In his book, ‘Trade Your Way to Financial Freedom’, the renowned American psychologist Dr Van Tharp discusses in several parts how important your psychology or mindset is to your trading success. He graphically depicts the significance of your psychology using a pie chart and explaining that it is the most essential ingredient to trading.
To many who have traded for an extended period of time, they would agree with the fact that traders can experience a wide range of emotions and often one straight after another. Traders can experience the exultation of a winning trade that went very well to the despair of the string of losses where ‘giving up trading’ is a prominent thought in one’s mind.
Books like ‘Market Wizards’ by Jack Schwager and other similar texts illustrate how successful traders have found a trading methodology that they are very comfortable with. None of them have found any magic solution to trading but they all clearly possess an inner confidence in their own ability to follow rules and their own trading plan.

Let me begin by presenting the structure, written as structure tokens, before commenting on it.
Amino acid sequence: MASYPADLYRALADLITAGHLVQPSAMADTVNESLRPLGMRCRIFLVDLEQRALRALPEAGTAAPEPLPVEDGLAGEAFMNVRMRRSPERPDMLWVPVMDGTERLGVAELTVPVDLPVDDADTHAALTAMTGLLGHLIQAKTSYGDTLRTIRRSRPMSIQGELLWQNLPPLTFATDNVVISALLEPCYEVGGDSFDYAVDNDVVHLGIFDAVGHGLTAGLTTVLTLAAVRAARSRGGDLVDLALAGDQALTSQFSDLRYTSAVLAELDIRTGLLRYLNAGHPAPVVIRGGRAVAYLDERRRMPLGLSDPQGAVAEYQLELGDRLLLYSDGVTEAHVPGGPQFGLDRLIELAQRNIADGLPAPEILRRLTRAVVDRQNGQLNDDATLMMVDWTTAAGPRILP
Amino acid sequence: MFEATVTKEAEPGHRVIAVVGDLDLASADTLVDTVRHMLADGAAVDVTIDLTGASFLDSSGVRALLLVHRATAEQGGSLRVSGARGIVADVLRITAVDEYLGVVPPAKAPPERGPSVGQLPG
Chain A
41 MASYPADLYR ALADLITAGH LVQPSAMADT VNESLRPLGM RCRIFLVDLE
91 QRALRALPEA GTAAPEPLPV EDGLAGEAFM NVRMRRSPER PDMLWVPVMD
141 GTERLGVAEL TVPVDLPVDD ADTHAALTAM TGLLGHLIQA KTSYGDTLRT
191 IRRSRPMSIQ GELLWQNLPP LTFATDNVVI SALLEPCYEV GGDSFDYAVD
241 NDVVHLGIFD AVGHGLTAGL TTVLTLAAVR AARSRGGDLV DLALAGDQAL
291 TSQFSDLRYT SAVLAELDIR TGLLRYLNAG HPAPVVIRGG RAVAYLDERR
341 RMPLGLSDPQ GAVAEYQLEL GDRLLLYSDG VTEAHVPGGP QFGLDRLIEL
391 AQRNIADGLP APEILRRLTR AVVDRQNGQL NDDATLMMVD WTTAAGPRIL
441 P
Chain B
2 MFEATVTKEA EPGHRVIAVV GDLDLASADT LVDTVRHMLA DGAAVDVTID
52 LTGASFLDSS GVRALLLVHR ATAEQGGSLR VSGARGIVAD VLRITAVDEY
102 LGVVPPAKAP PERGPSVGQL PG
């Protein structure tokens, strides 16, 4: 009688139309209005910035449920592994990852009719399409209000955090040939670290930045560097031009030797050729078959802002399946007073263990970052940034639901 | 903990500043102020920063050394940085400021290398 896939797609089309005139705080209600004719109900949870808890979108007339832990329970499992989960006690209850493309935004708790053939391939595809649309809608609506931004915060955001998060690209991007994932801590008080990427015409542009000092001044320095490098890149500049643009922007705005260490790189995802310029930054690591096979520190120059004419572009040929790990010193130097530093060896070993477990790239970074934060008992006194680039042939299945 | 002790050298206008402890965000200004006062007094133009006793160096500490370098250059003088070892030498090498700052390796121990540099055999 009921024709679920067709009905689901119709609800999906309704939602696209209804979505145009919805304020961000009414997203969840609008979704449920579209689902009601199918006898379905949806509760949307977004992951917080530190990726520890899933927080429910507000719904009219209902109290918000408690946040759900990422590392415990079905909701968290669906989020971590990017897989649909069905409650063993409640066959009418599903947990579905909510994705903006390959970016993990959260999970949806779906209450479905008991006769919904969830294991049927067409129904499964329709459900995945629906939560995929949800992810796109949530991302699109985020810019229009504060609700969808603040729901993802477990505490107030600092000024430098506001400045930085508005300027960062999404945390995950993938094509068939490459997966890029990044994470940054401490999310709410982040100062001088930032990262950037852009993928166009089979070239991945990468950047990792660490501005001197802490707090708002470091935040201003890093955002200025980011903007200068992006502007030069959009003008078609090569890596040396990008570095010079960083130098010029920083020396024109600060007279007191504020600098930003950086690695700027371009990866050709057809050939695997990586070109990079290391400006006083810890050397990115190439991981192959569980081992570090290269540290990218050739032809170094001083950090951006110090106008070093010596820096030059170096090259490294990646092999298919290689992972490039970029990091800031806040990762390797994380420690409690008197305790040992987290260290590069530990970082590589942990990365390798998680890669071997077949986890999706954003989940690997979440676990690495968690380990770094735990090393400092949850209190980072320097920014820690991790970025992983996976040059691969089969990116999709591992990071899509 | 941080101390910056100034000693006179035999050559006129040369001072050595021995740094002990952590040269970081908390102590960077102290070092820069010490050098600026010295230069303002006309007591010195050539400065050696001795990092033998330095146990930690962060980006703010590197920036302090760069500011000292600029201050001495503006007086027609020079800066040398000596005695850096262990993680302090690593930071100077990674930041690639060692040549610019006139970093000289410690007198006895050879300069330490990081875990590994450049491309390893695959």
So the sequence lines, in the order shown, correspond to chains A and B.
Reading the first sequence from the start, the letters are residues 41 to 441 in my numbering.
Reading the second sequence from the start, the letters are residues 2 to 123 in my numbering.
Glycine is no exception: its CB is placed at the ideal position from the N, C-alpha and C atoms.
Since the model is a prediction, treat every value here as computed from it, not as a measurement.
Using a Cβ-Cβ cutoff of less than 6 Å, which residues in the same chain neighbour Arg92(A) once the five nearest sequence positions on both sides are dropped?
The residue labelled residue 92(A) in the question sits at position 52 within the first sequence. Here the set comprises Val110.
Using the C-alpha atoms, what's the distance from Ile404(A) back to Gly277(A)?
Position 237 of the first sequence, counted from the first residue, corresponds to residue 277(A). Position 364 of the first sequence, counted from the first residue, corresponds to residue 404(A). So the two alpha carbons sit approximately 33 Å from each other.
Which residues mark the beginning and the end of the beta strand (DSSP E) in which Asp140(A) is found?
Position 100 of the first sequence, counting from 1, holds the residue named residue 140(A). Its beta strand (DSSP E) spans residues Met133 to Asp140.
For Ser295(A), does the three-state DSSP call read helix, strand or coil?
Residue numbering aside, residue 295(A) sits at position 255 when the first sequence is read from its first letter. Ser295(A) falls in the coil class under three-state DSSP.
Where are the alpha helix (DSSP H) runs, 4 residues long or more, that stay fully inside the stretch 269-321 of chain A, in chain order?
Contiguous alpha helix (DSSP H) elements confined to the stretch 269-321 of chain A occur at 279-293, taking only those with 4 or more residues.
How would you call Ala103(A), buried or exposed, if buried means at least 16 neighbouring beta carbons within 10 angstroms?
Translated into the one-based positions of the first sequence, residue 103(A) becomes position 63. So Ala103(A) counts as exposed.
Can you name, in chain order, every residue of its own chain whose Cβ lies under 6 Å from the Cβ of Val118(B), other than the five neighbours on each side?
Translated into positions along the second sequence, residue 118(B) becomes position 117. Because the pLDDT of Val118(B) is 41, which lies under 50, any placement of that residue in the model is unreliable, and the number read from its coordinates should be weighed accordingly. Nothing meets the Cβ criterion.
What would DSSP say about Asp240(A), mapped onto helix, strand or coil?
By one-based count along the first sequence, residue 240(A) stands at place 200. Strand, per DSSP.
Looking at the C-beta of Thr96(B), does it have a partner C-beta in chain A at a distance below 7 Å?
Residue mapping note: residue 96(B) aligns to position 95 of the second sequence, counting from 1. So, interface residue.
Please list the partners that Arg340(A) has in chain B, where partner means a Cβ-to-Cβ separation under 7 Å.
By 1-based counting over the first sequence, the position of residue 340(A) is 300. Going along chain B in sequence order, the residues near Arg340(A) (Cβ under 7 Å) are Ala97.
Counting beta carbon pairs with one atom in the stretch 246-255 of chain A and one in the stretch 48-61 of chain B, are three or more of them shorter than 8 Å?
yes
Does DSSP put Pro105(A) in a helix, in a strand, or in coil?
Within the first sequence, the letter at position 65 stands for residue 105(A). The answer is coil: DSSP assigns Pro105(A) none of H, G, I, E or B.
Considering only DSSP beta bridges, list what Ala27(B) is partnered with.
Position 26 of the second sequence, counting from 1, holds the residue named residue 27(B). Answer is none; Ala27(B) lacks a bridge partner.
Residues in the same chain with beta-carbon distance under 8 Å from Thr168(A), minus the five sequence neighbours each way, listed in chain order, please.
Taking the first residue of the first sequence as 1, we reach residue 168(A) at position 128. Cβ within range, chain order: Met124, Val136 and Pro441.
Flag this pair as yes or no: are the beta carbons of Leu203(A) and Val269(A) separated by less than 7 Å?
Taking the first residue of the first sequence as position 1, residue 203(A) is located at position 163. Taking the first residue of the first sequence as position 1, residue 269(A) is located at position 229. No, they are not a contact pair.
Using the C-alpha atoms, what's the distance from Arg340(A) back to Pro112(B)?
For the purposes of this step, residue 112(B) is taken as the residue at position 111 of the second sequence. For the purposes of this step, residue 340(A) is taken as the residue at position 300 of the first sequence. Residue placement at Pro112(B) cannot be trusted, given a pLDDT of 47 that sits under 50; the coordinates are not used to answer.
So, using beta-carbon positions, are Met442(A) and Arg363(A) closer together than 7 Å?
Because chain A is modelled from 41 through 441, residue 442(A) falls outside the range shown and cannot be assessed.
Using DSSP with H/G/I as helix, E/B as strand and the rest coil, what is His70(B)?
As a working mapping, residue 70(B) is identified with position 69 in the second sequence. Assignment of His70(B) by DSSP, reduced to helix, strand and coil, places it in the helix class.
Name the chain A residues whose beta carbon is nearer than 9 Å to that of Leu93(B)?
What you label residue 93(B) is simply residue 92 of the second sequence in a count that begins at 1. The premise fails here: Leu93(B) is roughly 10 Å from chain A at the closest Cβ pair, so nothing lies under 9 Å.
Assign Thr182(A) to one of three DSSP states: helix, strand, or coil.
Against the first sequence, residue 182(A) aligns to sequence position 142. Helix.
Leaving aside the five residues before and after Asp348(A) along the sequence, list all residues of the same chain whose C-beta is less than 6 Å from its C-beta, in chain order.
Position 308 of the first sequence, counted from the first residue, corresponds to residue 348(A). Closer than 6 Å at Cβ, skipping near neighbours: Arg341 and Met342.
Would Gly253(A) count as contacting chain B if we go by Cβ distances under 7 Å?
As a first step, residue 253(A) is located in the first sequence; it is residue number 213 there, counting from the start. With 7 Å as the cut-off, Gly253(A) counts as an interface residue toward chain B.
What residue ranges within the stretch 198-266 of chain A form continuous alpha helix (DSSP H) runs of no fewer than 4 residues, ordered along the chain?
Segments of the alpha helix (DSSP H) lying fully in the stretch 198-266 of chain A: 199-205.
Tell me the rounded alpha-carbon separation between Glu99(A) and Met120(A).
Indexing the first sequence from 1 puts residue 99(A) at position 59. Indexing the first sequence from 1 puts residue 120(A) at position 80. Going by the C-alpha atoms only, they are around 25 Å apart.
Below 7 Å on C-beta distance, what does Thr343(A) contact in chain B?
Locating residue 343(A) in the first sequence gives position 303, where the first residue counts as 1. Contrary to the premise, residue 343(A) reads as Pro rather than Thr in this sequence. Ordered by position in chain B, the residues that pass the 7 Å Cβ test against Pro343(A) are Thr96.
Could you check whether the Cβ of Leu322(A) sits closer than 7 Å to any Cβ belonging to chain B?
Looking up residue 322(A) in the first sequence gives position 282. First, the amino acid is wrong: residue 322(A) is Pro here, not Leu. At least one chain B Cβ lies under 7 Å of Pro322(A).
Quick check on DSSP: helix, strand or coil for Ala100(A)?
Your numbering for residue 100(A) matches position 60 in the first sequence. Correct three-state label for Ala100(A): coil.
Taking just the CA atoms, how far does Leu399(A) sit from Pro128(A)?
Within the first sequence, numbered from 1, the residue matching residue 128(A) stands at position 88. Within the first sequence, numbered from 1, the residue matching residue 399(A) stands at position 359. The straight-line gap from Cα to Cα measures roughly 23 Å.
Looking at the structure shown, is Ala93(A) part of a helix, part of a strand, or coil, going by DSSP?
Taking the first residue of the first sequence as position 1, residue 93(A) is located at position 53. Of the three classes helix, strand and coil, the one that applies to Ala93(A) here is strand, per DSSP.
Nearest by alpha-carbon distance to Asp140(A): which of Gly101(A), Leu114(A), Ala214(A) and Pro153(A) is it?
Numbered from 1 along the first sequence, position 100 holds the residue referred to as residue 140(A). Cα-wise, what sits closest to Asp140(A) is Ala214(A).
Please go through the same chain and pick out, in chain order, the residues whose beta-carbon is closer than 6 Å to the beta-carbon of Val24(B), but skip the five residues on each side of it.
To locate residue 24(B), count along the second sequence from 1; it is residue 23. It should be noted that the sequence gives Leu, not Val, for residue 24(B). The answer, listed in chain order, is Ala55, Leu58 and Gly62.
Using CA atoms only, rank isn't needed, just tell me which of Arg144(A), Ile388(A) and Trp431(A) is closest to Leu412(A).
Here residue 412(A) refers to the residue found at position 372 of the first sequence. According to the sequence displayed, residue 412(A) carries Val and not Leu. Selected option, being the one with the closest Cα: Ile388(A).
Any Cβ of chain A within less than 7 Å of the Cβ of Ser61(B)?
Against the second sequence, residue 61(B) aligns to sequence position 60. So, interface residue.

Undoubtedly however, trading can be a taxing experience on your mental health. You are constantly faced with decisions that need to be made and can easily go through the swing of emotions described earlier. For some people, in all honesty you may also lack confidence in your own ability to trade well or lack courage of your own conviction and therefore experience another array of emotions when trading.
Sometimes trading can be quite stressful and other times it may appear as if you can do no wrong. These emotional swings and emotional stresses do impact on your mental state and can ultimately affect your trading decisions.
It may be prudent sometimes to schedule a break from trading. Therefore, close all positions before your break, or a few weeks out from the break commencing, open no new positions and allow your open positions to take their course in the time leading up to your break. The time you schedule your break may coincide with the school holidays or your Christmas break from work. This may end up being the best trading decision you make as you are able to separate yourself from some of the emotions you have experienced, and recharge the mental batteries. The requirement for a break will obviously significantly vary from trader to trader and will depend largely on your trading frequency.
One of the things stopping people thinking about taking a break is that they may miss out on some good trading opportunities. Rest assured that the market you trade is a vital part of the corporate world and will always be open for trading. This means that when you finish your two week break for example, the market will be open as if you didn’t even have your break.
Next time you open your diary, consider scheduling a break from trading.